The Commission is working with the National Centre for Antimicrobial Stewardship (NCAS) at the Doherty Institute (a joint venture between the Royal Melbourne Hospital and the University of Melbourne) to collect and analyse data on the appropriate use of antimicrobials in hospitals through the National Antimicrobial Prescribing Survey (NAPS).

NAPS is a voluntary annual audit of health services, to provide a snapshot of medication charts and patient records which have been assessed for appropriateness of antimicrobial prescribing, and compliance with guidelines.

The results from the NAPS can be used as evidence to support the antimicrobial stewardship (AMS) criterion of the National Safety and Quality Health Service (NSQHS) Standard 3: Preventing and Controlling Healthcare Associated Infections.

For more information on NAPS, or to participate in the survey, please visit the NAPS website.

2013 National Antimicrobial Prescribing Survey Report

The 2013 NAPS Report, Antimicrobial Prescribing Practice in Australia: Results of the 2013 National Antimicrobial Prescribing Survey, was released on 19 November 2014.

This Report provides important information on the antimicrobial prescribing practices in Australian hospitals. A total of 151 hospitals (132 public and 19 private) contributed to the data from every state and territory. This survey comprised approximately 13,000 individual prescriptions for 7,700 patients.

The overall findings of the 2013 NAPS demonstrate a number of areas where significant improvements can be made at the hospital level, as well as regionally and nationally.  Prominent among these are the following:

  • The appropriateness of the top five most commonly prescribed antimicrobials range from 60-76 percent. Overall, around 30 percent of prescriptions were deemed to be inappropriate.  Inappropriate use was mainly related to unnecessary use of broad-spectrum antimicrobials and incorrect duration of treatment.
  • Inappropriate prescribing was very common for patients with acute exacerbation of chronic obstructive pulmonary disease, for which 46 percent of prescriptions were noncompliant with guidelines.
  • Overall, surgical prophylaxis was the highest indication for antimicrobial use. Surgical prophylaxis was given for more than 24 hours in 41 percent of cases; this falls short of the best practice of less than 5 percent.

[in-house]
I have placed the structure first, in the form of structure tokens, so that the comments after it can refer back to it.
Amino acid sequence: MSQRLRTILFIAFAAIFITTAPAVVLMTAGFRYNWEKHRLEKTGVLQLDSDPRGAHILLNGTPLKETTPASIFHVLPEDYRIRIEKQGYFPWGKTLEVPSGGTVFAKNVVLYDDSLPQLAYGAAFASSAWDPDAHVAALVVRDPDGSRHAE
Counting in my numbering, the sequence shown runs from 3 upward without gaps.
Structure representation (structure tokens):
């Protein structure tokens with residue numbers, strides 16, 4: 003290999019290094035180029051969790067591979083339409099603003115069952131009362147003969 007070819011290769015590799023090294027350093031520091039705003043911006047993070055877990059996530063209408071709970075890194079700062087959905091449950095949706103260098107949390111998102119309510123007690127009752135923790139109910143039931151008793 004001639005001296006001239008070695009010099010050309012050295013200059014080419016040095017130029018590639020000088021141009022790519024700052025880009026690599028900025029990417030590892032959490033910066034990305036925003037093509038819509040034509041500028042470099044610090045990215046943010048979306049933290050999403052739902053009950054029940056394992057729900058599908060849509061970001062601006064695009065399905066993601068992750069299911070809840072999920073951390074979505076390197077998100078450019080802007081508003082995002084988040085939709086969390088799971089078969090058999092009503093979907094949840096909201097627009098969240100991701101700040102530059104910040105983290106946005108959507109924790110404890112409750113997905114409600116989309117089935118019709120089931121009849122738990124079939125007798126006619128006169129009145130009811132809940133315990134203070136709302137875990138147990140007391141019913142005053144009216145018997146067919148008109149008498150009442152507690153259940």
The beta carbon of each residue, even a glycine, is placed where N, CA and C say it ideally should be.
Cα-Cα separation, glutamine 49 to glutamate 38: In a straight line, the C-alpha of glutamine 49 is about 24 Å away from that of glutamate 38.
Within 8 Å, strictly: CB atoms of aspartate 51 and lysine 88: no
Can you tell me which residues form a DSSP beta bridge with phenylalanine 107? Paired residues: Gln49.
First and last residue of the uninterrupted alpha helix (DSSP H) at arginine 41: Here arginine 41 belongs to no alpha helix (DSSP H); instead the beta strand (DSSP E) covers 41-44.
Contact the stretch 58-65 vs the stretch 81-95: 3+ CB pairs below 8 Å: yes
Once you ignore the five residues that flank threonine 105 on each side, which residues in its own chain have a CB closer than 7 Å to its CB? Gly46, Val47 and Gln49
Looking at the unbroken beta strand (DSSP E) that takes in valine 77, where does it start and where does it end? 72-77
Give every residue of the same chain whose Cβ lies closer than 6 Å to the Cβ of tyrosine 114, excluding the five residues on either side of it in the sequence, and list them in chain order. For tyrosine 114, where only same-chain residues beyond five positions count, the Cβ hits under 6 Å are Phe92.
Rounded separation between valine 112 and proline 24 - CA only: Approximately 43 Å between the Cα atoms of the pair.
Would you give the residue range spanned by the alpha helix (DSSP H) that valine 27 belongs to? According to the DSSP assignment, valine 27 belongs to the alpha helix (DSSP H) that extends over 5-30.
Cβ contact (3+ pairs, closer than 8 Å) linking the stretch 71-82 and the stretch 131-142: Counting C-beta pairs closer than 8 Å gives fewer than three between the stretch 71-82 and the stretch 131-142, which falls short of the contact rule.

• 70.9 per cent of antibiotic prescriptions had a reason documented in the medical notes.
  • The most common prescriptions were for the cephalosporin antibiotics ceftriaxone and cephazolin.

2014 National Antimicrobial Prescribing Survey

The 2014 NAPS Report, Antimicrobial prescribing practice in Australian hospitals: Results of the 2014 National Antimicrobial Prescribing Survey, was released on 24 July 2015.

A total of 248 hospitals (197 public and 51 private) participated, representing a 64 per cent increased participation level from the previous year.

The results of the 2014 survey were similar with 2013, and demonstrated a number of areas where significant improvements can be made at the hospital level, as well as regionally and nationally. In the 2014 survey:

  • Approximately one-quarter (24.3 per cent) of the 19,944 prescriptions surveyed were non-compliant with guidelines, and 23 per cent were deemed to be inappropriate.
  • 74 per cent of antimicrobials prescribed had their indications documented in the medical notes (more than 95 per cent is considered best practice).
  • Surgical prophylaxis continues to be an issue, with 35.9 per cent of the survey prescriptions continuing beyond 24 hours (less than 5 per cent is considered best practice). 40.2 per cent of prescriptions for surgical prophylaxis were also considered inappropriate, mainly due to incorrect duration and dose, and absence of an indication for an antimicrobial. The Commission is seeking to work with the Royal Australasian College of Surgeons to address this issue.
  • Infective exacerbation of chronic obstructive pulmonary disease was poorly prescribed (36.8 per cent were deemed inappropriate), as were other respiratory tract infections such as bronchitis (50.7 per cent inappropriate) and exacerbation of asthma (70.0 per cent inappropriate).
  • The most common prescribed antimicrobials were cephazolin, ceftriaxone and metronidazole.

Application of National Antimicrobial Prescribing Survey to other health sectors

The Commission is working with NCAS to expand NAPS into other health sectors. The first step will be development and piloting of a dedicated aged care module, called acNAPS, with the aim of improving AMS activities in the residential aged care facility setting. The Commission has developed the acNAPS Infographic to encourage residential aged care facilities to participate in acNAPS and to develop AMS strategies to improve appropriate antimicrobial prescribing.